The Shanghai tmar repro
FARM BOARD H EADrsenting a majority of Anerican en-
terprises in China, cabled a ro-
FAVORS EMBARGO ion to the Washington body say
ng such . lo wou esilver
Legge Indorses Burtiness Bill;prices to
The reshM mo s;~ilt neri
hon Wheat, Grains, Bfttr. can cha er tocll l catten
(Bv Associated ress) Ition of nol- c stainmtthe
WASHINGTON, Jawn. 17.- Chair- serious nthrea
man Legge of the federal farm ening American bus i ess in China,
board today indgrsed the bill by and requested that Presient Hoo-
Alger B. Burtness (Rep.), North ver take internatiol steps toward
Dakota, for a two-year embnrgo on a remedy.
wheat, feed grains and butter. The Shanghai organization sug-
In a letter to Rep. Burtness, Mr. gested immediate reef cod be
Lge said the bill,"is along theI obtained if the Amrig ern-
right ines as affording perhaps the 'mont would foster an in.ternattional
quickest method of dealing with the agreement stipulating no further
situation." sales of silver be made for any gov-
"However~" he continued, "it is ernment and if leading nations
immaterial to us how this result is would purchase silver in the world
arrived at, but present conditions markets for coinage purposes to the
certainly justify action on tie part limits of their respective laws.
of Congress to meet the emergency. ---PEWR-T-R
"Just how this relief is to be af- 1YPEWRdHEI?
forded is perhaps not material. REPAIRING
Some time ago in writing Senator All makes of mac ne'.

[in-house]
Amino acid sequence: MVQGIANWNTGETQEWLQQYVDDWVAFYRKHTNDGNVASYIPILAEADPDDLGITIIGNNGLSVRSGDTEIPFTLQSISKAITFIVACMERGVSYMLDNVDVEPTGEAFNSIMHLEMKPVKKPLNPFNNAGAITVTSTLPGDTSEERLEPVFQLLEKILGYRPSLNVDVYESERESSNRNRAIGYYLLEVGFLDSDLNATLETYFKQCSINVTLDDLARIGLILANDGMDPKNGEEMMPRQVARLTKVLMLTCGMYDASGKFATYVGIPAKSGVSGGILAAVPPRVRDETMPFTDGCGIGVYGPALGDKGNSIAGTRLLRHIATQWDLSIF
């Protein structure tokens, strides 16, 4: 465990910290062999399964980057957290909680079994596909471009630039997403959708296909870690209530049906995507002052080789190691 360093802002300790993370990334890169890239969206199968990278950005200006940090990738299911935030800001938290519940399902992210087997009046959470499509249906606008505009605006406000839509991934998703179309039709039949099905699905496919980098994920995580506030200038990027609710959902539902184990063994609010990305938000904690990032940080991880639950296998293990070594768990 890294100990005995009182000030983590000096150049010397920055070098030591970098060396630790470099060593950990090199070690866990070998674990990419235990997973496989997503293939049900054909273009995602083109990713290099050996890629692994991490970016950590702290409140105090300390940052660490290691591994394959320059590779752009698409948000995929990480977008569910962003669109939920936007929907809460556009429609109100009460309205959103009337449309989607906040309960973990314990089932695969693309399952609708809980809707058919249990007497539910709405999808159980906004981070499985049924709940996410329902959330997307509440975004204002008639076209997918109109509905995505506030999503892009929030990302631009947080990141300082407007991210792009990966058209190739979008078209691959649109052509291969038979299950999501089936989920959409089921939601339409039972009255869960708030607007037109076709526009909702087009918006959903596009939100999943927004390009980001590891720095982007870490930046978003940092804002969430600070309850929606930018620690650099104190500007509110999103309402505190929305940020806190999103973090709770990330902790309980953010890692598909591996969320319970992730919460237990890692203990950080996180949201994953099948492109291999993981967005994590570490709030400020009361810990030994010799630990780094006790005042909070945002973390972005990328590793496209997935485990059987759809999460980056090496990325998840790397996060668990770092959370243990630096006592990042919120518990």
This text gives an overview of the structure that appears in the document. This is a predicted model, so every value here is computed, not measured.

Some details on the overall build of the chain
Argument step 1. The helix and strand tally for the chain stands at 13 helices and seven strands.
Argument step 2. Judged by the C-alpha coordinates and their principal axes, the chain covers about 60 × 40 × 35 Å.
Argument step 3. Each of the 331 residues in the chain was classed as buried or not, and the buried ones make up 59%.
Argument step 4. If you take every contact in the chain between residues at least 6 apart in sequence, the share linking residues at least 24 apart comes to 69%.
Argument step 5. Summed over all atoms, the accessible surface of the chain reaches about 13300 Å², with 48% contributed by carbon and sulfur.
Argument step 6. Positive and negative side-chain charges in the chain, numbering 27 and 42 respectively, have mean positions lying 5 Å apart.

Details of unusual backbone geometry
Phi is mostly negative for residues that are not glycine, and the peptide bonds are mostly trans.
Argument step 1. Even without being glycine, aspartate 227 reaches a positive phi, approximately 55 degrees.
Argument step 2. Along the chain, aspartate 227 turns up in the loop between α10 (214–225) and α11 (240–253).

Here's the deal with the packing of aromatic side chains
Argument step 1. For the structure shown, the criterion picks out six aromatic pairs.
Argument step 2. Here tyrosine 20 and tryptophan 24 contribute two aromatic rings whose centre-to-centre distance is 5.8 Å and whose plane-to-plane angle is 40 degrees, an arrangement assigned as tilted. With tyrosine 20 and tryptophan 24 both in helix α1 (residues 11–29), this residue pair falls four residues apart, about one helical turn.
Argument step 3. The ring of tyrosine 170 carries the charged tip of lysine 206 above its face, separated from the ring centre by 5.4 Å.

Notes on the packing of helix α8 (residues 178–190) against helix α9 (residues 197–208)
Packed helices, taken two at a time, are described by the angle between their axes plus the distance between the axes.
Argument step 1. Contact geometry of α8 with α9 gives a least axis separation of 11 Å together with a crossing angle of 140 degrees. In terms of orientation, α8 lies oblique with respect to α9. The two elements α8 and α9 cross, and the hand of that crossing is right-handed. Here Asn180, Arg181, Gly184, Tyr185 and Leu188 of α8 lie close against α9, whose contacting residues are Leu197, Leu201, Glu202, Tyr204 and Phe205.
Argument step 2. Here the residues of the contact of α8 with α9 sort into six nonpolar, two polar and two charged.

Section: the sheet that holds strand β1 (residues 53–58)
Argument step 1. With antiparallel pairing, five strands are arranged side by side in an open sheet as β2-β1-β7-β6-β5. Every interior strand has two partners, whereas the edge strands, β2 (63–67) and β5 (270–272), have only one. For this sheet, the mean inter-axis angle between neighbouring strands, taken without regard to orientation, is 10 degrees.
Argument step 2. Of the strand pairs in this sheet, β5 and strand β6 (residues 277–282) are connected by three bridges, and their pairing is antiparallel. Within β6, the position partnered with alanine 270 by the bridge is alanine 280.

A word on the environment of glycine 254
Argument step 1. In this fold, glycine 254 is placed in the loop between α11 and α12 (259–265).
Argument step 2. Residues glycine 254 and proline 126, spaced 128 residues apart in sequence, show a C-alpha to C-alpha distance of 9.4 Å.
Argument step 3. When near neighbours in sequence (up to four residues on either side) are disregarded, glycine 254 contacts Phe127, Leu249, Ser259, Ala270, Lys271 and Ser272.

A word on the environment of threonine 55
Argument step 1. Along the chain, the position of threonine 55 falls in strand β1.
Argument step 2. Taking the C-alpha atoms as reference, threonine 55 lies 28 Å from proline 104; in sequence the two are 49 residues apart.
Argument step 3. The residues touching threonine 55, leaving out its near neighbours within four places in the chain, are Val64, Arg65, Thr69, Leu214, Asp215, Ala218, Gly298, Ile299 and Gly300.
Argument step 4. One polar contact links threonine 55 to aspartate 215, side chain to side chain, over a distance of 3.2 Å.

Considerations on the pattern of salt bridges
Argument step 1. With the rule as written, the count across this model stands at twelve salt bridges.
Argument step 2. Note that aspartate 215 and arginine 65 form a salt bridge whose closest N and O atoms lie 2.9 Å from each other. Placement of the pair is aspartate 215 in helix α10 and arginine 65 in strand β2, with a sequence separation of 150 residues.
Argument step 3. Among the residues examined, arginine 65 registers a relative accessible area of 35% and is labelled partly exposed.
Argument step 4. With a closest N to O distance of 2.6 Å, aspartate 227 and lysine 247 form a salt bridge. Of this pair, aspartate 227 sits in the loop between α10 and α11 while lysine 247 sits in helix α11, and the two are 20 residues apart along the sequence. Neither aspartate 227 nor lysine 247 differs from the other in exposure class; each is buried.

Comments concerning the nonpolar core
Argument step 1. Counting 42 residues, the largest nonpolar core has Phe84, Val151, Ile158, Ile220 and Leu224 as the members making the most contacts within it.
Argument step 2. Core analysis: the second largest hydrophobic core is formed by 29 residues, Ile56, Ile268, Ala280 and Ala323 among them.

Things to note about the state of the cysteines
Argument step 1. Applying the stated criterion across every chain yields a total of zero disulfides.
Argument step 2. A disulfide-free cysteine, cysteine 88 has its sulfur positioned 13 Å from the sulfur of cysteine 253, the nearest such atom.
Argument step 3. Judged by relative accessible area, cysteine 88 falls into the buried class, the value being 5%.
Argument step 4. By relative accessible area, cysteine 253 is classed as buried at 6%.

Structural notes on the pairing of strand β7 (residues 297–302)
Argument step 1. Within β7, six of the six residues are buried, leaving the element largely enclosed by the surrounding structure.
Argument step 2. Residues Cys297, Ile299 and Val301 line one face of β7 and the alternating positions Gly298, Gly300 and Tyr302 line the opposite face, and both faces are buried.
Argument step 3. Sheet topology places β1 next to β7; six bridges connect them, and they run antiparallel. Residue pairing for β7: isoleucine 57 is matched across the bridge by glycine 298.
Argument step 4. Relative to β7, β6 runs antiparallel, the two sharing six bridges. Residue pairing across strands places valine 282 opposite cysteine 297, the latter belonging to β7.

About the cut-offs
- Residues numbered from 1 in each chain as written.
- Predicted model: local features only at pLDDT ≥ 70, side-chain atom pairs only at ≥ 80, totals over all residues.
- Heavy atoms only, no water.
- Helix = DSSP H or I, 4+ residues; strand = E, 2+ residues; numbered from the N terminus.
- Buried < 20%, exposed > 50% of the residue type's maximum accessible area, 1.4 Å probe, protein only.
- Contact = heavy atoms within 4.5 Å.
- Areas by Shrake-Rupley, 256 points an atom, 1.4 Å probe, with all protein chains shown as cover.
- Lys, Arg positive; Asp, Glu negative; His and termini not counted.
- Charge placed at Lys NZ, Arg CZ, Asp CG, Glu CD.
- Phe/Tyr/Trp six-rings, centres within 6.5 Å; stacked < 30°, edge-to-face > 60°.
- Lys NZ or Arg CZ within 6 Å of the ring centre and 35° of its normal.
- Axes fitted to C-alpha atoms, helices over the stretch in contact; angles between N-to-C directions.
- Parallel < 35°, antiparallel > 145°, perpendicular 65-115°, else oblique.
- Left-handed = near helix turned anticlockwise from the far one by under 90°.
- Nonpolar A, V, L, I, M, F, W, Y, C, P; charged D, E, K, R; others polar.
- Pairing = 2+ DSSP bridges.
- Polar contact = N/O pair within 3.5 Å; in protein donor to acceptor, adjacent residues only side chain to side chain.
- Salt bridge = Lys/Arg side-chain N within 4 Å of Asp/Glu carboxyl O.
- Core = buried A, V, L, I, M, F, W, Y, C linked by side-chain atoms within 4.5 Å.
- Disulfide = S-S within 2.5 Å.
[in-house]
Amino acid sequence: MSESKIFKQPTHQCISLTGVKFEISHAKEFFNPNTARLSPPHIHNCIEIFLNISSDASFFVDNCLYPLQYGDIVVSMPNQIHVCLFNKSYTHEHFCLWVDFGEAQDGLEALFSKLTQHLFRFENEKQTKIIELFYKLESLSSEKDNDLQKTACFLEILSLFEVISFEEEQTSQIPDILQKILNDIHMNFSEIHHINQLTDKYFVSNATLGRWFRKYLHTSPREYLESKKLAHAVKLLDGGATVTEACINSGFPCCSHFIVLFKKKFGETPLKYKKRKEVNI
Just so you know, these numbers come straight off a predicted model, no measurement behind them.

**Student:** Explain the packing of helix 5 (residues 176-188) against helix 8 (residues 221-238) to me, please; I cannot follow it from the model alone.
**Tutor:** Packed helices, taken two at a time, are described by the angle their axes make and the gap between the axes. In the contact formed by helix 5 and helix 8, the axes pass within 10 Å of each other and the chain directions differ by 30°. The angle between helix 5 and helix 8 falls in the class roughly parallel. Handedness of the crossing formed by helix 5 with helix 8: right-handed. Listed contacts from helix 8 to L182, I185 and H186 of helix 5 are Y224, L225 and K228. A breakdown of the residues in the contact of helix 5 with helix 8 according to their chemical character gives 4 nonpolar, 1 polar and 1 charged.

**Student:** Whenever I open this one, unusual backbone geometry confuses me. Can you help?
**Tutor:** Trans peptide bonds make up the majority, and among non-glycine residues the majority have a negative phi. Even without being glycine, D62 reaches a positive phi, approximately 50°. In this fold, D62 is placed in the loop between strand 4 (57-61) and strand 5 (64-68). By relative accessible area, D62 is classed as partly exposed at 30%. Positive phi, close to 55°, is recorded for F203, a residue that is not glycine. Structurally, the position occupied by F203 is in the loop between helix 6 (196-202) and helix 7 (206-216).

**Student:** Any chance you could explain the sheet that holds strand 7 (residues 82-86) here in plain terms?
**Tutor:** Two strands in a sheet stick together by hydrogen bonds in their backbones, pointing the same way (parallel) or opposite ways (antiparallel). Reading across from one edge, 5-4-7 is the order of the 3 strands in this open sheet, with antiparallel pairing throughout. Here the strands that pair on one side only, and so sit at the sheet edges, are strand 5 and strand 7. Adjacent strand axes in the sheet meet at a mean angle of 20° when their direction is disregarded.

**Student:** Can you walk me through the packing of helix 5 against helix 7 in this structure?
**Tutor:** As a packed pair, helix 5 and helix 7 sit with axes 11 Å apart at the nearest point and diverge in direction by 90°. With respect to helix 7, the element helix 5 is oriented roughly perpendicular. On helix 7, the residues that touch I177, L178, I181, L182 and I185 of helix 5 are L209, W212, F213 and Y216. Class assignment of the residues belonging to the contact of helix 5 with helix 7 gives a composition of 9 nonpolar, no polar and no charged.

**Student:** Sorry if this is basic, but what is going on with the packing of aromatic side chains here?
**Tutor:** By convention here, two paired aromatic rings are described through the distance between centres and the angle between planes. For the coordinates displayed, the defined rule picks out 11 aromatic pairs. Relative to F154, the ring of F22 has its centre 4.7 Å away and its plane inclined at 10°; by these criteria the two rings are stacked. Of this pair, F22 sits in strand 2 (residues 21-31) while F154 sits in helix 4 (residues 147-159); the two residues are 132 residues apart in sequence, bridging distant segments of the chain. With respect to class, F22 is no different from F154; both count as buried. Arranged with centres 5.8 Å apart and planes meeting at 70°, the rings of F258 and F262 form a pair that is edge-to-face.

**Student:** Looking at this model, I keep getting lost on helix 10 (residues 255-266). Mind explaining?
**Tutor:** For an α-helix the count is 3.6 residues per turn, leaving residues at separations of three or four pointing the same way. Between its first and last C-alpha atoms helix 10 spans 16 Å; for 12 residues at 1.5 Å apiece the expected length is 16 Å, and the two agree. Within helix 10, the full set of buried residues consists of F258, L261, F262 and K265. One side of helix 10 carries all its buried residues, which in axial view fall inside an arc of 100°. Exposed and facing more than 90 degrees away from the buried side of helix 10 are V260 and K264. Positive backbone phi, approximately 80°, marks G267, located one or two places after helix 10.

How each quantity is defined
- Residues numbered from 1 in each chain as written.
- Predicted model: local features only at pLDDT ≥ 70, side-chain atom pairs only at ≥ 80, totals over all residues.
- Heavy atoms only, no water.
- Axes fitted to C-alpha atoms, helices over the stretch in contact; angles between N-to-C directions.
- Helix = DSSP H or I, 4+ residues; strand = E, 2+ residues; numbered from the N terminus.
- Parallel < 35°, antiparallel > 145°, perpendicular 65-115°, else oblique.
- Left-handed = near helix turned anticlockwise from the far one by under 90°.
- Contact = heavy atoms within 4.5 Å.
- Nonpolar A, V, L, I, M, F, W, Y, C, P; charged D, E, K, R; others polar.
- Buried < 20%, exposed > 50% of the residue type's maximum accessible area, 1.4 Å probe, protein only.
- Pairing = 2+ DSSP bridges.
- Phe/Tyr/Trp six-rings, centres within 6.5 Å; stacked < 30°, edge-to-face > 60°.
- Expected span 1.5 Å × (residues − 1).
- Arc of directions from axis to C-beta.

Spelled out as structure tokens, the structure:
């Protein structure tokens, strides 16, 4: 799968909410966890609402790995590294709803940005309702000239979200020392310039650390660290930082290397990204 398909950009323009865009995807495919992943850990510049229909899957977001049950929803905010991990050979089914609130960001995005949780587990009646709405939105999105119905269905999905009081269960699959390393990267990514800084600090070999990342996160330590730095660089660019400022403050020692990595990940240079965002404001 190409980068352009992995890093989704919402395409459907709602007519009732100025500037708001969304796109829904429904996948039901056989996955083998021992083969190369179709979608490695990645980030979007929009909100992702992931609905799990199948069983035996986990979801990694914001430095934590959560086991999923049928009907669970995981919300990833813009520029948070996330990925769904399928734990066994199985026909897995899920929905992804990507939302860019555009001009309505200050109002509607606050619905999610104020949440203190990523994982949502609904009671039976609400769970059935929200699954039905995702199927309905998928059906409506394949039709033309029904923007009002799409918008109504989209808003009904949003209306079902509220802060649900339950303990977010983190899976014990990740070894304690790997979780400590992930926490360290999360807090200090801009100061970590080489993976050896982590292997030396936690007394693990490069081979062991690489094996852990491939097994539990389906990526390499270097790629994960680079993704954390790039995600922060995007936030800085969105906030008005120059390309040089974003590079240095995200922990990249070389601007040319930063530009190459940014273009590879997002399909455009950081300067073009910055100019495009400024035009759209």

Capper, I sugg sted that unless Our equi'pwrt and per-
there was an improvement in world s o n n e I are considered
conditions we would ask for a tern- among the best in the Suite. The result
porary embargo on wheat imports. of twenty years' careful building.
However, just as strong an argu-
melt could be made on-other grains 0. D. MORRILL
-including beans." 314 South State St. Phone 661
Our stock of ValentIines is la ge and
complete including comics.
The circulation of the Michigan Daily
Don't forget your otler and
tically the entire student body and faculty as well as
hundreds of residents of Ann Arbor. Here is a rich
field with unlimited possibilities for results from
Classified advertising, a field that no other publication
covers half so completely as the Daily. Why not be-
come one of the many regular users f the Classified
Among the Best and at
FR FEMA N'S I
NOW ON DISPLAY AT ANN
ARBOR'S DISTINCTIVE GREET
ING CARD St-OP.
section-one trial and the results
for all time.
will c tixince